I was told recently that I take too long to get into the meat of what I want to say in these posts or blogs. If you are time-poor and don’t want to read the whole blog, I’ll remedy the problem up front. Planning is the most fundamental skill required for success in business – without it, you will waste time and money, expose your business to unnecessary risk, underutilize your team, and not achieve your goals. Done. You can now get on with the other things you need to do, and I’ll ramble on to the rest of you who probably have the time to read the whole blog because you have PLANNED your time properly!
So what exactly is planning?
A plan is generally defined as “a detailed proposal for doing, or achieving something”, and in most cases the “something” referred to in business terms would be a “goal”. Building on the original definition, we could then say that planning is ” the definition of an organized program of steps, or actions to be taken, in order to achieve a desired outcome”. So let’s knock off each of the issues I attributed to a lack of planning, one by one.
Challenge #1: Resource allocation
No matter how big or small your business or team is, you do not have unlimited resources. Utilizing those you do have – efficiently – is one of the primary roles of management, and planning delivers the kind of information that leadership needs in order to allocate people, time, money and equipment in the way that has the greatest chance of delivering the success they are after. The outcome of effective planning is that available resources are channelled into the projects with the greatest chance of success, and productivity is boosted significantly.
Challenge #2: Risk management
No matter how big or small you are, you also cannot control the external environment in which you operate. Risk is a factor in every business, and to be successful, it is an element that needs to be managed effectively. Every plan must be “stress tested” using “what if” scenarios to build redundancy and contingency into the plan. Unfortunately, the greatest stress test will utilize only predictable events, and in every business cycle there will be unforeseen events that require rapid responses to prevent, or at least reduce, the negative effect of those events.
And even if you only encounter the predictable bumps in the road, the rapid pace of new technology and systems require teams to be able to quickly adjust both strategy and tactics to deal with the new conditions. Robust stress testing in the planning process helps reduce the number of possible unforeseen events to the absolute minimum, and therefore increases your chances of success significantly.
Challenge #3: Honesty is the best policy
Planning also removes the rose tinted glasses, as it requires leaders and managers to develop a realistic understanding of the present state of the business or team. Strengths and weaknesses need to be defined, and a balanced view of the competition needs to be developed, as the starting point of the planning process. Proper analysis will also reveal areas of potential weakness in competitors offerings and service delivery, which allows product, sales and marketing strategies specifically designed to exploit those weaknesses, to be developed. Competitor analysis will often reveal emerging markets, or previously unknown opportunities, that can then be included in the current planning cycle.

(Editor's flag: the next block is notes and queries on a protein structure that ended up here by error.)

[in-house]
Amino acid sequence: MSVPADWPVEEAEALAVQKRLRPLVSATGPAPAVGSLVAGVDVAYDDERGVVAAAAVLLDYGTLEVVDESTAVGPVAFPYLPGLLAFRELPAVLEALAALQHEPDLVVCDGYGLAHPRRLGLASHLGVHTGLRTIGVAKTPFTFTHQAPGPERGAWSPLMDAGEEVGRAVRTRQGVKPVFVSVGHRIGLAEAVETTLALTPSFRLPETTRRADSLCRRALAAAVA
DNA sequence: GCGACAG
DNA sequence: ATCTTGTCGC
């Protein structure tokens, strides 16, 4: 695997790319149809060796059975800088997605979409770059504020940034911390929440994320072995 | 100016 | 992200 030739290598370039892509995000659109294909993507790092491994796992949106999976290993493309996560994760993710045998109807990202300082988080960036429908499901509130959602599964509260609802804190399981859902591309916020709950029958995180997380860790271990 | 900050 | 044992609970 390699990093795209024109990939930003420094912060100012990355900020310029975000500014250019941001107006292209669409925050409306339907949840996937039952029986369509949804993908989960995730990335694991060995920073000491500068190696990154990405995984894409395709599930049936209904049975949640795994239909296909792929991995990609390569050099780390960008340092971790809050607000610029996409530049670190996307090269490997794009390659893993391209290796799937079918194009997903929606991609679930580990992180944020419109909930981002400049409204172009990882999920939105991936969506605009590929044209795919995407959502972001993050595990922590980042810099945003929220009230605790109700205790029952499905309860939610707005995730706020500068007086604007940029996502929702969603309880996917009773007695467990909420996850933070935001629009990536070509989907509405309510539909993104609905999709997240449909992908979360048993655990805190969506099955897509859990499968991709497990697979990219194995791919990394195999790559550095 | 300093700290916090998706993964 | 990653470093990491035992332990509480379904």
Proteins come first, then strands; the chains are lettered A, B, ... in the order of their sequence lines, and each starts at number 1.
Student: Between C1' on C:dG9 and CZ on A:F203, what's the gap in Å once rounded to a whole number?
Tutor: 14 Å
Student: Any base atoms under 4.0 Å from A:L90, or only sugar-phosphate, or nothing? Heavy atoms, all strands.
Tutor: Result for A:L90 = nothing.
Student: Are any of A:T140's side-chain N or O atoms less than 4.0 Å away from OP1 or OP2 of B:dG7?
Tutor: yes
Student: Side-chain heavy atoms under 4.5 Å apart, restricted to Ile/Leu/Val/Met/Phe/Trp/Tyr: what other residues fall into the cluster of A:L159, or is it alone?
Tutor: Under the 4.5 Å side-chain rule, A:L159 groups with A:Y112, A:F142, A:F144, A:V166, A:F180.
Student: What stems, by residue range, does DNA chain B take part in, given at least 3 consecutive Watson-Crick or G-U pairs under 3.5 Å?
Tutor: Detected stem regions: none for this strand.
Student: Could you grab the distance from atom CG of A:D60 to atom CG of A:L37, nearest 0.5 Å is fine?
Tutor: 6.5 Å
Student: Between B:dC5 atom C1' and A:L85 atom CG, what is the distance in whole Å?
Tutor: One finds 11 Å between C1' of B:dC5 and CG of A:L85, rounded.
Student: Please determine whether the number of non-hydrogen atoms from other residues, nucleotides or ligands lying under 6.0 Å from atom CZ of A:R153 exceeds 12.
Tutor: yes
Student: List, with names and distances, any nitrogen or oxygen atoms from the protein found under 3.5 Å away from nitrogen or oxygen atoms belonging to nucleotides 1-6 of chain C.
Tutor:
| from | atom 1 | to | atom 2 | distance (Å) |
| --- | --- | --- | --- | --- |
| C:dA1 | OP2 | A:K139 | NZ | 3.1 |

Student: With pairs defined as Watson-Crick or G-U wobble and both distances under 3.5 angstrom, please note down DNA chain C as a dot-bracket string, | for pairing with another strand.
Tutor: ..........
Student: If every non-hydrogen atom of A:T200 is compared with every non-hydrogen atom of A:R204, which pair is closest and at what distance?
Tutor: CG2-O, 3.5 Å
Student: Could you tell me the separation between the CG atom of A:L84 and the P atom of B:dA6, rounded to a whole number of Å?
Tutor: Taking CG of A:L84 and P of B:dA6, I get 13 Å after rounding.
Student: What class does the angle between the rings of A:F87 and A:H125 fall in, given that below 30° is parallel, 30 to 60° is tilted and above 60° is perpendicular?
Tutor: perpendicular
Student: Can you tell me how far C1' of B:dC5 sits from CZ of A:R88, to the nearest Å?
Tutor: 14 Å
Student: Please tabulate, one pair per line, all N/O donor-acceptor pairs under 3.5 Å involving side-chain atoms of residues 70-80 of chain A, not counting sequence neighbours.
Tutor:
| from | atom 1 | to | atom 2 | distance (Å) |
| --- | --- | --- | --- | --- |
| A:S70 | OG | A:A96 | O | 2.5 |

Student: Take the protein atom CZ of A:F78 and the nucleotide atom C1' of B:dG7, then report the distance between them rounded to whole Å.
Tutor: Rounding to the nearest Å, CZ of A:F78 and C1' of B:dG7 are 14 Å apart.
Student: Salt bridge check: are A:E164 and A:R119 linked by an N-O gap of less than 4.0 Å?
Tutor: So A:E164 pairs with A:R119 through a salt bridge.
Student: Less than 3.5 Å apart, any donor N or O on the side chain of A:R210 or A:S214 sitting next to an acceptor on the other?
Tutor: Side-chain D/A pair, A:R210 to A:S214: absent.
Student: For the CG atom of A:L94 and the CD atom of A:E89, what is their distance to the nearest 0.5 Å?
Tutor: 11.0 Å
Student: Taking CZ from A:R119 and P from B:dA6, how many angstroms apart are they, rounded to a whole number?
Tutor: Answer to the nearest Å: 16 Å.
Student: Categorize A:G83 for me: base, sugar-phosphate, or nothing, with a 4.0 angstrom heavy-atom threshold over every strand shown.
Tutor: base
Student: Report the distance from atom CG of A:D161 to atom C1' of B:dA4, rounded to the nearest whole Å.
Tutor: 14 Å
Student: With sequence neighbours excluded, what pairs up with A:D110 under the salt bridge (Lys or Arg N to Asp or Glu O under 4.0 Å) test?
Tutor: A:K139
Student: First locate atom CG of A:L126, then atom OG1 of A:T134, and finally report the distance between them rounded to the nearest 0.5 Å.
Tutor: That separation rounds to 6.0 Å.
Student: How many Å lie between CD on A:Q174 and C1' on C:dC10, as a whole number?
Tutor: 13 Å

Challenge #4: Start with the end in mind
Once the starting point has been accurately determined, the “destination” needs equal clarity. A vision of the “desired outcome” needs to be developed so that the steps required to arrive at said outcome can be decided upon.
Setting “desired outcomes” (goals) that challenge the organization to deliver better performance or service, is a key element of planning, as long as the goals are realistically achievable. Over-aggressive goals will have the effect of demoralizing most teams, so keep them within the bounds of reasonableness for them to achieve the desired effect. In today’s fast paced business environment, leaders need to be stretching teams continuously, or they will find themselves playing second fiddle to the competition. Goal-setting that stretches, also serves as a wake-up call to leaders or team members who may have become complacent, spurring them on to function at an optimum, rather than comfortable level. And finally, having the goal in place allows leaders to measure actual outcomes against the planned outcomes, and apply the necessary remedies to the exposed variances.
A plan that is properly conceived, thought through, and then effectively communicated to the members of your business unit creates an environment in which cooperation grows and the team builds naturally. Involving team leaders, managers and supervisors in the planning process reduces future resistance, and potential conflict, immeasurably, and even budget reductions will be more easily accepted when the person affected had a say in the process. Each person knows not only what is required of them directly, but can also easily identify other areas of the process or organisation where their skills and experience will add value and momentum. Seeing that they can contribute productively to the success of the endeavour as a whole let’s them take pride in what they do, and encourages the type of collaboration and responsibility that builds synergy.
So there you have a quick overview of the headline points that make up the fundamental skill required for success in your current business or team.
If you would like help applying these principles in your specific situation, or would like a deeper grasp of the concepts, give us a shout through www.version8.com.au, or via our Facebook page and Twitter feed.